CDC Director: U.S. Well-Equipped to Care for Citizens with Ebola

August 13, 2014 - 9:41 AM

Tom Frieden

Dr. Tom Frieden, director of the Centers for Disease Control and Prevention, spoke at a House hearing on the Ebola virus on Aug. 7, 2014. ( Starr)

( – In the past three weeks, two U.S. missionaries who contracted the Ebola virus in West Africa have been brought back to the states for treatment at Emory University Hospital in Atlanta, Ga., and three more have since returned to North Carolina and will remain in isolation for 21 days to make certain they have not been infected.

U.S. health officials, in the meantime, have been putting protocol in place to deal with the current and any future cases that could involve people who have contracted or have been exposed to the virus and to educate the public – including members of Congress – about the facts of the disease and its threat to the American people.

“We do not view Ebola as a significant danger to the United States because it is not transmitted easily, does not spread from people who are not ill, and because cultural norms that contribute to the spread of the disease in Africa – such as burial customs – are not a factor in the United States,” Dr. Tom Frieden, director of the Centers for Disease Control and Prevention, said at an emergency hearing of the House Foreign Affairs’ Subcommittee on Africa, Global Health, Global Human Rights and International Organizations on Thursday.

“We know how to stop Ebola with strict infection control practices which are already in widespread uses in American hospitals, and by stopping it at the source in Africa,” Frieden said.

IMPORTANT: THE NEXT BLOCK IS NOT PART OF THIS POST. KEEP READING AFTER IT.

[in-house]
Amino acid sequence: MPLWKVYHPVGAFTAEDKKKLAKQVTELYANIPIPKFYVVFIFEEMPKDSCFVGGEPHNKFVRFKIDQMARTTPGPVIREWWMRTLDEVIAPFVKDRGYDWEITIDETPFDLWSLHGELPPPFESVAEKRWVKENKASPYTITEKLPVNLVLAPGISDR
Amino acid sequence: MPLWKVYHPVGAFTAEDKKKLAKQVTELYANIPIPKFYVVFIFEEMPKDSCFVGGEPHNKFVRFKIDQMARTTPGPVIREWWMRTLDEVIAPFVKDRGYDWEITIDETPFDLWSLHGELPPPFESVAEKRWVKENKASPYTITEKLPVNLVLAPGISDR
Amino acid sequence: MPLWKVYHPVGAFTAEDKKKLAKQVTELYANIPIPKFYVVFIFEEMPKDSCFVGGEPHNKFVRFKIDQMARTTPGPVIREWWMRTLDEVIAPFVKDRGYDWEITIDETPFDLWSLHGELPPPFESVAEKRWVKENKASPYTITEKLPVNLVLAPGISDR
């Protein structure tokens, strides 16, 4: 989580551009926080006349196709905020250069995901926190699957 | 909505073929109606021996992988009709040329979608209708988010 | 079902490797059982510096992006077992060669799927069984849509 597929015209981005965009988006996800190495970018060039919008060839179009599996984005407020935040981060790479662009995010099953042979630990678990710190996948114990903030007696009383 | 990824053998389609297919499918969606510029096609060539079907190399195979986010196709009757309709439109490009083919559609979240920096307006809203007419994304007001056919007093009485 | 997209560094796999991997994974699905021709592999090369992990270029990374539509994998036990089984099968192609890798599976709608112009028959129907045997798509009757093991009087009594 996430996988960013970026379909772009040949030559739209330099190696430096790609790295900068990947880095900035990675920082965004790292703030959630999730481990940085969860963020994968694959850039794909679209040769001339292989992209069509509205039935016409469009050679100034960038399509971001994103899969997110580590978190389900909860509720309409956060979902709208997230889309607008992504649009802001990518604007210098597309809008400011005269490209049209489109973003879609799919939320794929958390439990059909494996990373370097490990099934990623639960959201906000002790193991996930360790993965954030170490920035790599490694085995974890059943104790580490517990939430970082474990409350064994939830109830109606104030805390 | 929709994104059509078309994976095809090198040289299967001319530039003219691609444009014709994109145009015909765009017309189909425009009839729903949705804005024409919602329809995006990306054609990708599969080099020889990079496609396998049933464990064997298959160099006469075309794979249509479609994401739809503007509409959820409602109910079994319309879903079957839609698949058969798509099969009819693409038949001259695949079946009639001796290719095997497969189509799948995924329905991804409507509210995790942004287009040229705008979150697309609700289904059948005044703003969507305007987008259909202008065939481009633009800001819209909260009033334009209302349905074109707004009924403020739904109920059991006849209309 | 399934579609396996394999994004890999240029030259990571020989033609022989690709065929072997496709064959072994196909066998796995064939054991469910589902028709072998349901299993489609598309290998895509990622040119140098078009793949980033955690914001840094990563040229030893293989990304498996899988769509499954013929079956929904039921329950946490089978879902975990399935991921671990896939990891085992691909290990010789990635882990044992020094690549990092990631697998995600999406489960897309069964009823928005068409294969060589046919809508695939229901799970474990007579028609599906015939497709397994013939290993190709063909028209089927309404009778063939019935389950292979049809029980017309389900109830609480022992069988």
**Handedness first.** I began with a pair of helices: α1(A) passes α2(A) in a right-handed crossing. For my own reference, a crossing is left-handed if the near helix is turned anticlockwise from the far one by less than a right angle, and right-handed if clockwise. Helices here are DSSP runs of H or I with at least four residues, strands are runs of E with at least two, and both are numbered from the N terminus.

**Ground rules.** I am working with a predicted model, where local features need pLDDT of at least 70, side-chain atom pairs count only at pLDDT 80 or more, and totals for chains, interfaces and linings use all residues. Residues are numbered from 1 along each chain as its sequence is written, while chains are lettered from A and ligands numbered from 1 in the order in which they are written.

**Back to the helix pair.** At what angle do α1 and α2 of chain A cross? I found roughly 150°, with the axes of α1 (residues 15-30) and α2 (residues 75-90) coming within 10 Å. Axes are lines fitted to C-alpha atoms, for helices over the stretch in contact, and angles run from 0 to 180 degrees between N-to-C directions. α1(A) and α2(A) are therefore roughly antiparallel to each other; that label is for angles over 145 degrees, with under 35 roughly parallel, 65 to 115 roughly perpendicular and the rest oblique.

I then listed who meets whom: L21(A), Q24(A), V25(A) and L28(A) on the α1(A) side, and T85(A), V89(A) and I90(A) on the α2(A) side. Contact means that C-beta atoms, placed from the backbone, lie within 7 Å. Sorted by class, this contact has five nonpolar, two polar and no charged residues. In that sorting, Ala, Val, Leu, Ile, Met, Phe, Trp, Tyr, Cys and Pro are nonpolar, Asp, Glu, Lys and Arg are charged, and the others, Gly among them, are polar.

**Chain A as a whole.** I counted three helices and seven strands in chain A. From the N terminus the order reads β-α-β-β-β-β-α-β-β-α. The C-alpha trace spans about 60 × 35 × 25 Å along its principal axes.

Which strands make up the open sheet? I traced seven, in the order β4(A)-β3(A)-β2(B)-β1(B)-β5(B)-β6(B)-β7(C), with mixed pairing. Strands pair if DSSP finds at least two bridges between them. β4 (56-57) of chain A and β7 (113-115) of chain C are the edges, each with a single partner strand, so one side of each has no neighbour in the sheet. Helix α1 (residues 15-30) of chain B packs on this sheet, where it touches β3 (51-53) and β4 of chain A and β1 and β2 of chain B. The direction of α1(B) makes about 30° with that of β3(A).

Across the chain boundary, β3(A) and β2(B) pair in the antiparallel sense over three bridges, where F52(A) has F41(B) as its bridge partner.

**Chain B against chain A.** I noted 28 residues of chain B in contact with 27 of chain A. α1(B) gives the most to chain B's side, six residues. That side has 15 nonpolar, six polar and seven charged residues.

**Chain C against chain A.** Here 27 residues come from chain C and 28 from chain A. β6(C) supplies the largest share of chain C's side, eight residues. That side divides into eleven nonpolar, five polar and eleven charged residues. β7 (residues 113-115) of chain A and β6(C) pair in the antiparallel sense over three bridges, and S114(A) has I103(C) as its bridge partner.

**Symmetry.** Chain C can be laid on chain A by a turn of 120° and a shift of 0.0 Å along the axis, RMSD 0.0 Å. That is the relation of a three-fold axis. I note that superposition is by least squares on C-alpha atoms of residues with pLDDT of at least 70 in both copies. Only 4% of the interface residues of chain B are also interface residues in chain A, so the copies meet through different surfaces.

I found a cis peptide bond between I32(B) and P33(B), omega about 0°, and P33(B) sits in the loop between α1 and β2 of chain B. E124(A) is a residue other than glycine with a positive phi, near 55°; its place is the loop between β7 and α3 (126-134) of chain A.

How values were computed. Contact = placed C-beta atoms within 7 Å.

Frieden also categorized the current outbreak of Ebola as the “biggest and most complex” ever documented.

According to the CDC, there are 1,848 suspected or confirmed cases of the virus and 1,013 suspected deaths. Laboratory confirmed cases total 1,176, according to the CDC.

At the hearing, Frieden spoke about this latest outbreak of Ebola, its global implications and the care of the two U.S. citizens that have the virus.

“These events have focused attention on the ongoing risk of the outbreak spreading to other countries, the need for constant vigilance in infection control procedures when in contact with patients and the heroism and sacrifice of health care workers, and volunteers from the United States and around the globe, in the face of this dreadful and merciless virus,” Frieden said in his prepared testimony.

“Bringing humanitarian workers back home to the United States is the right thing to do to help save lives,” Frieden said.

Following the hearing, Frieden reiterated to reporters that the Ebola outbreak was serious but that the virus can be contained.

“This is an unprecedented outbreak of Ebola, but it can be stopped,” Frieden said. “It’s going to be a long, hard fight, but we are there.

“We are surging our response, and we are doing what we can to help stop it at the source in Africa and protect Americans here,” Frieden said.

When asked why the decision was made to bring the ill health care workers to the U.S. given his testimony about “stopping it at its source in Africa,” Frieden said it was the Christian Samaritan’s Purse’s decision to bring their missionaries back home and that safety was a priority for both the victims and the U.S. population.

“As American citizens, they have a right of return,” Frieden said. “What our role is at the CDC is to make sure that as that is done, it is done safely.

“So we made sure that in the transport, in their care at Emory that they’re treated with full infection control to keep to an absolute minimum the chance that they would infect others,” Frieden said.

At the hearing, Frieden said the keys to stopping the spread of the virus was identifying those with the disease, isolating them and tracking their contacts.